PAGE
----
• 2. 1468 IEEE SENSORS JOURNAL, VOL. 14, NO. 5, MAY 2014 called functionalization. This technique is used to change the chemical properties at the surface, such that a standard molecular design can be used to immobilize target analytes and sensory molecules [25]–[27]. In this respect, the aim of this work was to develop an AFM-enzyme-based nanosensor to detect agrochemical molecules, in particular, the diclofop molecule. Diclofop [(R,S)-2-[4-(2,4-dichlorophenoxy)-phenoxy]propanoate acid methyl ester (DM)] is a post emergence herbicide used to control wild oats and annual grasses in wheat and barley [28] and belongs to the aryloxyphenoxypropionates (APPs) class of herbicides. Diclofop related studies are important due to the large volume used in agriculture worldwide. As an example, it was published that the total annual usage of diclofop methyl in China in 2006 was one to five million kilograms [29]. In addition, it has been informed that almost 75% of the active ingredient on diclofop molecule may fall onto soil surfaces upon application [30], and because of that, this compound may become common in the environment [28]. Regarding the relevance of diclofop detection on environment, our research group has been reported two important published papers that addressed theoretically and experimentally data over the relevance of this kind of analysis. Franca et al. (2011) [31] reported through a combination of molecular docking, molecular dynamics and quantum chemical calculations that it is possible to establish a bridge between the experimental calculated adhesion force and the theoretical simulated results. Oliveira et al. (2013) [32] reported the modeling of the proper enzyme orientation on an functionalized AFM tip. It was showed that after 50 ns of MD simulations the orientation assumed by the enzyme has influence on the exposition of the enzyme binding sites. Also, in another study from our research group, has been investigating the number of enzymes that cover the AFM tip by using statistical calculations of the enzyme dimensions and AFM tip area (results not reported yet). For sensor’s purposes, the mode of action of diclofop chemical group is important: they inhibit the homomeric plastidic ACCase (acetyl-CoA carboxylase) enzyme [33], [34]. This enzyme is present in almost all weed species, and therefore, the diclofop herbicide is applied to crops in post- emergency operations. Inhibiting the action of the ACCase enzyme interrupts the biosynthesis of fatty acids, resulting in plant death of grass species [35], [36]. The design and construction of the nanobiosensor are based on the biomimicry of the natural process of host-guest interac- tions, i.e., the nanobiosensor design is based on the diclofop action mechanism, which consists on the specific binding of the herbicide to the enzyme ACCase to inhibit the action of the enzyme inside a plant cell. Thus, the assembly of the molecules in the functionalization process is the key to achieving selectivity and specificity. The correct arrangement of molecules results in a unique architecture of the target and sensory molecules, in such way that their active sites remain available for reaction and the formation of the specific complex. The ACCase enzyme belongs to a multigene family and is regulated by a complex network of developmental and environmental signals in response to both internal and external stimuli [37]. This enzyme is a biotin-dependent molecule that catalyses the irreversible carboxylation of acetyl-CoA to malonyl-CoA through the two catalytic activities of biotin carboxylase and carboxyl transferase. The most important purpose of ACCase is to enable the malonyl-CoA substrate to control lipid biosynthesis in the chloroplasts and plas- tids of non-green tissues [38], [39]. The diclofop inhibits ACCase in several stages. First, the herbicide reduces the electrochemical potentials across the plant cell membranes and disrupts the transmembrane proton gradient (via electrolyte leakage), resulting in membrane peroxidation and the subse- quent uncontrolled release of the cell’s electrolytes inside the plasma membrane. The plasma membrane and the subcellular membranes are essential for grouping and supporting cellular physiological processes; thus, damaging the plasma membrane negatively affects the biochemical functions and the viability of the cell [39]. Once inside the plasma, the diclofop molecules promote ACCase inhibition by causing plant disease symp- toms, such as a decline in chlorophyll and carbohydrate pro- duction, ending in chlorosis and subsequent plant death [40]. This action mechanism was used to design the nanobiosensor by incorporating the architecture of biomaterials that mimic complex biological structures. Biomimicry incorporates con- cepts and strategies from nature into sustainable, useful, and efficient materials engineering of nanosensing applications by using AFM and natural binding pathways. In this context, through the use of force curves, the adhe- sion force between two surfaces or molecules, or the force required to break the interaction between them, can be mea- sured [41], [42]. Studies have been and are being advanced by our research group using AFS to succeed the detection of agrochemical through recognitions events of biomolecules, such as enzymes and antibodies. In this study, we first present a brief overview of relevant theoretical studies, such as docking calculations for different regions of the sensing element to show cluster formation, and the use of molecular dynamics to measure the interaction energies in a system to guarantee that the original characteristics of molecules are retained following their insertion into the system. These theoretical results were used to adjust and optimize the experimental parameters in this study to delineate a recognition mecha- nism based on AFS principles. Finally, this work is the first report of the development of an enzyme-based nanobiosen- sor and its application to diclofop detection using AFM probe sensors in conjunction with theoretical and experimental studies. II. MATERIALS AND METHODS A. Computational Procedure - Molecular System The enzymatic model of the ACCase enzyme was taken from the Protein Data Bank online repository, PDB ID: 1UYR and all missed residues were rebuilt according to the Franca et al. (2011) considerations [31]. In addition, the APTES and diclofop molecular structures were built using Jmol program [43] and the optimized geometry of both mole- cules were scanned quantum mechanically using ORCA 2.8.0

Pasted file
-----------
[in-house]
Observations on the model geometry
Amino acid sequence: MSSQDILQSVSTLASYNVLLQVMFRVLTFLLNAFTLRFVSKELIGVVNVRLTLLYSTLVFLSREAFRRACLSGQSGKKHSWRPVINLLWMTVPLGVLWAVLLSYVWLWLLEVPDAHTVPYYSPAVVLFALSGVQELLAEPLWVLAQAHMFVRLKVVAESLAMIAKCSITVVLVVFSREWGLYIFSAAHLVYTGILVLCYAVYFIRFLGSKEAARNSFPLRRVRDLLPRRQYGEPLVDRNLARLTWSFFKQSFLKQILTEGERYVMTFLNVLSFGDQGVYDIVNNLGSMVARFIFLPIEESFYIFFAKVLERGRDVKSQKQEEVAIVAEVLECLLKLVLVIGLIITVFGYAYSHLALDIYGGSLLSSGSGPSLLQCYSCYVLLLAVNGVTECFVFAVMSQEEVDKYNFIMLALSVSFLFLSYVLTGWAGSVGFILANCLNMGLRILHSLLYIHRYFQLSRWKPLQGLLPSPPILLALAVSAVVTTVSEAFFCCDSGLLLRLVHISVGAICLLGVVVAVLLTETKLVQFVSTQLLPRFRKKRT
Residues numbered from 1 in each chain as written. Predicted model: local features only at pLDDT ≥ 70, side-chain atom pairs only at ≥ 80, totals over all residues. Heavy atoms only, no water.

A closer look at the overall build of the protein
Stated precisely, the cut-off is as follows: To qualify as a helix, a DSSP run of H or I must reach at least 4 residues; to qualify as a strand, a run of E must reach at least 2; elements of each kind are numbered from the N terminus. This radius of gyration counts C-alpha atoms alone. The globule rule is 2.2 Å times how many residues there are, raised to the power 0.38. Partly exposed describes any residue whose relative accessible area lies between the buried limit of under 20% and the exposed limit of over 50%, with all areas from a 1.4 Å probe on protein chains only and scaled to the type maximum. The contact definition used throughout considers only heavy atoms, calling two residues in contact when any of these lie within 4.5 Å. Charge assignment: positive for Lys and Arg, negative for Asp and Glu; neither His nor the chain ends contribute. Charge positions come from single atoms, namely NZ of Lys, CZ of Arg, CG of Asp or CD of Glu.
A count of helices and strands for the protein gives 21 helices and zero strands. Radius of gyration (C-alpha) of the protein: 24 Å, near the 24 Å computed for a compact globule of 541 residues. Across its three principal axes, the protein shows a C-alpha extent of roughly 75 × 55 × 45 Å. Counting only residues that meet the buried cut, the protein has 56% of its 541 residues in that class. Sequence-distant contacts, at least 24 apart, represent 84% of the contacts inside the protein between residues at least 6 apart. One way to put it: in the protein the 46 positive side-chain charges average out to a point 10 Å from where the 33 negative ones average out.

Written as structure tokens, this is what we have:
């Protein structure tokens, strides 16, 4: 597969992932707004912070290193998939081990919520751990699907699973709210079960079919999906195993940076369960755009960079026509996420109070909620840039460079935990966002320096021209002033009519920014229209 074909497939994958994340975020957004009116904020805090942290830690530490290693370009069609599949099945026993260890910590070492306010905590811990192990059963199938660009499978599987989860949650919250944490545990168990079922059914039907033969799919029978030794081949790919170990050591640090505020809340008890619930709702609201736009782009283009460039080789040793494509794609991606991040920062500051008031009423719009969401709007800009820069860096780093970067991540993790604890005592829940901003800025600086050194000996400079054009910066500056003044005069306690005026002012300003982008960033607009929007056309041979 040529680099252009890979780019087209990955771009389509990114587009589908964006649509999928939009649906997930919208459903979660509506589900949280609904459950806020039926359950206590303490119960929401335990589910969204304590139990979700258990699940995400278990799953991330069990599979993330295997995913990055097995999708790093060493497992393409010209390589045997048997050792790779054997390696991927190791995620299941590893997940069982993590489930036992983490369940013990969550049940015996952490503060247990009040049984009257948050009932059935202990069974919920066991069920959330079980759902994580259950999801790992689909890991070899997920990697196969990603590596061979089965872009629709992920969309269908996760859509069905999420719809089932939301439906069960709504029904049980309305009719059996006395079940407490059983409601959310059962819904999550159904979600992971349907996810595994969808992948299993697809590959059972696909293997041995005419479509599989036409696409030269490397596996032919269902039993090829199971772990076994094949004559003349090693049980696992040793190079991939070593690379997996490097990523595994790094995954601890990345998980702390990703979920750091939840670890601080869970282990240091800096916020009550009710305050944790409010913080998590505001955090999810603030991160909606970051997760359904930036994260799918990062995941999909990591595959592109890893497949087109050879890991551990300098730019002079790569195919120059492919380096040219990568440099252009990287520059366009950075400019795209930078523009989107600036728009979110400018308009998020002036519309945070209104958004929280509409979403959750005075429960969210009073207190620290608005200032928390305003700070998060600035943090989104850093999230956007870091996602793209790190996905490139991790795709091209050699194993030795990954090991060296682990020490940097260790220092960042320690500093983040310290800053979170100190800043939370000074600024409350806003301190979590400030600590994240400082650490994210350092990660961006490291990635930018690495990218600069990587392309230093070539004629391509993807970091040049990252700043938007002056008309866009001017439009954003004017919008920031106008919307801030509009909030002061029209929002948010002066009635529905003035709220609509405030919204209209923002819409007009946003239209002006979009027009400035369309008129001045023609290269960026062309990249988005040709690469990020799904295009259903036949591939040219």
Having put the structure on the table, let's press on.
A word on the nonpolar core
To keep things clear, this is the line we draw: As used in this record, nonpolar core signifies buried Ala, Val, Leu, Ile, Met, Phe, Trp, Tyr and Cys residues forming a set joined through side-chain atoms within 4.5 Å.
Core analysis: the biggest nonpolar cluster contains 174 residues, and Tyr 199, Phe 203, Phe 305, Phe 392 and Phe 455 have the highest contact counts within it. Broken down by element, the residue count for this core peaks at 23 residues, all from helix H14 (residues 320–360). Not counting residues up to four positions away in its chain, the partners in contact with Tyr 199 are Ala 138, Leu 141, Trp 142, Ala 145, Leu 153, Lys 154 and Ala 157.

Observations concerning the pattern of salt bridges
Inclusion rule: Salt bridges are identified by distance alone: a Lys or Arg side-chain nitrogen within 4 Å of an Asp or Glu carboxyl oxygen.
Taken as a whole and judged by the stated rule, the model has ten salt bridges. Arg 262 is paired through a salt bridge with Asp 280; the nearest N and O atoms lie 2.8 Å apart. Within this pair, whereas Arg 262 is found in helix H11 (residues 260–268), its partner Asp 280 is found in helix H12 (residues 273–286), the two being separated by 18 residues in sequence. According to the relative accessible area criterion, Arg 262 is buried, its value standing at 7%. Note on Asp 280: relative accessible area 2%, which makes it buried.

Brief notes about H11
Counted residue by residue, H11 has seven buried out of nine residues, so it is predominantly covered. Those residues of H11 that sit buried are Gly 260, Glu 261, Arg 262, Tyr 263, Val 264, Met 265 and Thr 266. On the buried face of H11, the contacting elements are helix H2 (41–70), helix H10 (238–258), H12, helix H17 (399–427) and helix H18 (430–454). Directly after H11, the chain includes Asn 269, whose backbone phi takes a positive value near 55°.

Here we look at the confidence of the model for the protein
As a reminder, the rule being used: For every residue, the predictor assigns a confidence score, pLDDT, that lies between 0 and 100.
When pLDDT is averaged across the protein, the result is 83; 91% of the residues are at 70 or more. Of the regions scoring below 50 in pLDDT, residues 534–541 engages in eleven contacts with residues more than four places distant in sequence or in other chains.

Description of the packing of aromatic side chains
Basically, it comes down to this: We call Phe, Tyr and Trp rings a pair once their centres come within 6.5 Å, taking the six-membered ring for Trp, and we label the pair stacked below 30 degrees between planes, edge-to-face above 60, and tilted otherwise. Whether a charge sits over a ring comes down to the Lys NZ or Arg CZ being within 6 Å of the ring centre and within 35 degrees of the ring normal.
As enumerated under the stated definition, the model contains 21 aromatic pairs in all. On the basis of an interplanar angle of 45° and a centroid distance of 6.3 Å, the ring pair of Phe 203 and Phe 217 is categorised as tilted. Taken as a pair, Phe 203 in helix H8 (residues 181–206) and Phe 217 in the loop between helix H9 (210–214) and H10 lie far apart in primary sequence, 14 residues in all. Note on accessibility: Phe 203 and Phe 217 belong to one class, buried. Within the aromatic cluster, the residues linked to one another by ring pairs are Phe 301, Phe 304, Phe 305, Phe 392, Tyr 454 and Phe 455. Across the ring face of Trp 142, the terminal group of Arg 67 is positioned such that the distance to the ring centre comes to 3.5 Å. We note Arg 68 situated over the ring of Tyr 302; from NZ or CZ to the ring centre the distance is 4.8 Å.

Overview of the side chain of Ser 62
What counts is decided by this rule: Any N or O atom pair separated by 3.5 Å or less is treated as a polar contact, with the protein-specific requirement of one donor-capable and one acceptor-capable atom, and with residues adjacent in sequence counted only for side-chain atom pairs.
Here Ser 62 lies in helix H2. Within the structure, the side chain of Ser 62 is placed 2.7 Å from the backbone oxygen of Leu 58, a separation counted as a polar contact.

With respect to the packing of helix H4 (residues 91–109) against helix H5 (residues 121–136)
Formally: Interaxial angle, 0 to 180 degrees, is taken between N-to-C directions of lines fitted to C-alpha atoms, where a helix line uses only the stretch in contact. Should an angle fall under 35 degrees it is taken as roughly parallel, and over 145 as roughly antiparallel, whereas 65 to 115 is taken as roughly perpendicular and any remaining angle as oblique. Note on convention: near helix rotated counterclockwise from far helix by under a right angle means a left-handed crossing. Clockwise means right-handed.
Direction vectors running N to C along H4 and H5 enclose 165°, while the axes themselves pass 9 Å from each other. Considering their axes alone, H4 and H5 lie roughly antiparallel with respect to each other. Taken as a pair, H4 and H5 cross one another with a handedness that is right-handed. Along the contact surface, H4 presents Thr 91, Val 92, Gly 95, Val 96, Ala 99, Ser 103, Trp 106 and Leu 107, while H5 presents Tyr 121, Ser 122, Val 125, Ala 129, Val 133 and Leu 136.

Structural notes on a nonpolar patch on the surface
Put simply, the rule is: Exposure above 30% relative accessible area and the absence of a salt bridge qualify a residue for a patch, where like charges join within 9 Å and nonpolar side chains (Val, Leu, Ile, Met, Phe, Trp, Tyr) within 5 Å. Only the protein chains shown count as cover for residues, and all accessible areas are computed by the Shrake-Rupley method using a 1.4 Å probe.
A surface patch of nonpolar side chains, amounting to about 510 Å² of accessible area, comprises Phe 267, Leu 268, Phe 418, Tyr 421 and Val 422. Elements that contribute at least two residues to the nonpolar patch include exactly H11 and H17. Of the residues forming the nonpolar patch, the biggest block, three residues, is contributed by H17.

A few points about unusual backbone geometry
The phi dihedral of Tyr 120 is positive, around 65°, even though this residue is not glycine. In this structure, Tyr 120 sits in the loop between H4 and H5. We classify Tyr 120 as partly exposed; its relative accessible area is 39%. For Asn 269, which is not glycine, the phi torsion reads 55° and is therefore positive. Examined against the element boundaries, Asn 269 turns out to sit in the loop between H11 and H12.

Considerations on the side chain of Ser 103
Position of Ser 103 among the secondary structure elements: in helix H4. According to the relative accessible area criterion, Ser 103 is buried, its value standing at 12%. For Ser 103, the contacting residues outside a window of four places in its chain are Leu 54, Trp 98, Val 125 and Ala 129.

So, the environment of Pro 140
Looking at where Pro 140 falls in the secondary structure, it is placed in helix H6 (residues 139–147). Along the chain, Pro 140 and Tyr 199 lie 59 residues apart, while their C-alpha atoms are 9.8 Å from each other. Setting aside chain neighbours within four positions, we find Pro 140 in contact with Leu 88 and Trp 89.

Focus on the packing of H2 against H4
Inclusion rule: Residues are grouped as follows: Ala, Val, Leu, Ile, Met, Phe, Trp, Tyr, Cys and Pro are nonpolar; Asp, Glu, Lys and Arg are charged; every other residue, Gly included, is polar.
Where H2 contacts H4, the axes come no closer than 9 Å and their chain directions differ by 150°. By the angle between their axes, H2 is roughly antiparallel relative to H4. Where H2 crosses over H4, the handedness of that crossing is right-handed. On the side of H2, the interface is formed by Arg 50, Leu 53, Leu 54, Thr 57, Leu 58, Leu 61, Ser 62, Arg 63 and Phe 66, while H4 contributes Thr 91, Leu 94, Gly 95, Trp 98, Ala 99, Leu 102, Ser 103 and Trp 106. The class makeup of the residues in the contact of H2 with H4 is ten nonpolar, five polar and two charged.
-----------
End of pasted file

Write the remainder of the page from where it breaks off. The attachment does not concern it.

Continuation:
• 3. BUENO et al.: NANOBIOSENSOR FOR DICLOFOP DETECTION 1469 TABLE I SIMULATED SYSTEM program [44]. All the undetermined force field parameters to run molecular dynamics (MD) simulations were extracted from the harmonic fitting curves through quantum mechanical calculations. B. Computational Procedure - Molecular Docking To carry out docking calculations, the enzyme and herbicide molecules were used in the AutoDock 4.0 program [45]. The herbicide (diclofop) was restrained within a tridimensional grid and was docked on a rigid ACCase enzyme using Gasteiger-Huckel method [46] for partial charges considera- tion. A pre-defined 3D grid was created in several regions along the enzyme to evaluate the clustered configurations with favorable binding energies. Lamarckian genetic algorithm (LGA) was applied to survey the conformational space of the unit system to obtain a set containing a 10 LGA docked structure. C. Computational Procedure - Molecular Dynamics Simulation The clustered docked positions of the diclofop and the linker-diclofop set were used to perform MD simula- tions in order to quantify the interaction energies resulting from van der Waals and electrostatic considerations. These MD calculations were performed using NAMD 2.7 soft- ware [47], and the results were analyzed using Tool Command Language (TCL) scripts implanted in the VMD program [48]. Langevin thermostat and piston [49] were applied to the system to minimize, calibrate and equilibrate the energy at 310K, and 1 atm. The NVT ensemble was used, and a cut off of 1.4 nm was employed for the short-range electrostatic and van der Waals interactions. The long-range contribu- tions were modeled using the Particle Mesh Ewald (PME) method [50]. All force field parameters were implemented on the CHARMM Force Field [51] protocol. The simulated systems can be observed on Table I, where the system ACCase+diclofop, was defined by E-I (enzyme-inhibitor), and the system ACCase+APTES+diclofop was defined by E-F-I (enzyme-functionalized-inhibitor). D. Experimental Procedure - Materials The acetyl-CoA carboxylase enzyme was purchased from CUSABIO (Hubei Province, P. R. China) as a part of the bovine acetyl-CoA carboxylase Synthetase ELISA Kit (which is used to perform the standard method for a specific molecular ligand-receptor). An animal ACCase enzyme was commer- cially available and was therefore used instead of a vegetal Fig. 1. Schematic representation of showing the nanosensor design: (A) cantilever; (B) AFM tip; and (C) structure of APTES-glutaraldehyde system bound to the Si3N4+acetyl-CoA carboxylase (molecular formula: C23H38N7O17P3S) substrate (drawing is not to scale and all bonds are not shown). ACCase enzyme and because of crystallographic evidence for the similarity and mechanism of action between animals and plants. It is also known that some aryloxyphenoxypropionate herbicides and their analogues interfere with the maintenance of transmembrane electrochemical gradients in animal sys- tems; similar observations have been reported for plants [52]. The ACCase enzyme from the kit used in this work was in its purified form and it was brought to room temperature 30 min before usage. The process of enzyme reconstitution is very quick and, at first, consists on the centrifugation of the standard vial at 8,000 rpm for 30s. After this process, the standard is reconstituted with 1.0 mL of sample diluent provided by the manufacturer. Finally, it is allowed to the standard to sit for a minimum of 15 minutes with a gentle and uniform agitation (to avoid foaming). All the ACCase standards were prepared fresh for each assay and used in a four-hour period (lifetime of the enzyme). This reconstitution solution of the ACCase enzyme from now on will be referred as ACCase standard. Super pure-grade materials were used in the functionalization procedure: 3-aminopropyltriethoxysilane (APTES), triethylamine (TEA) and glutaraldehyde (as a 25% aqueous solution), which were all purchased from Sigma-Aldrich (St. Louis, MO). The herbicides diclofop, imazaquin, glyphosate, and metsulfuron were also purchased from Sigma-Aldrich (St. Louis, MO). AFM cantilevers with sharpened pyramidal tips (Si3N4 tips) were purchased from ThermoMicroscopes Microlevers (Sunnyvale, CA). E. Experimental Procedure - Nanobiosensor Assembly The fabrication of the nanobiosensors was based on the work of Etchegaray et al. [17] and da Silva et al. [22]. The AFM cantilevers were first placed in a sterile Petri dish and sterilised under UV light for 30 minutes. The first step in the functionalization of the AFM cantilevers and probes was the silanisation of the surface with APTES [Fig. 1(a)]. This reaction produced molecular arrays on the AFM cantilever surface via interactions between the silicon oxide groups on the cantilever surface and the silanol group in the silane. The AFM tips were exposed to APTES and triethylamine vapours for over 30 minutes to bind the APTES to the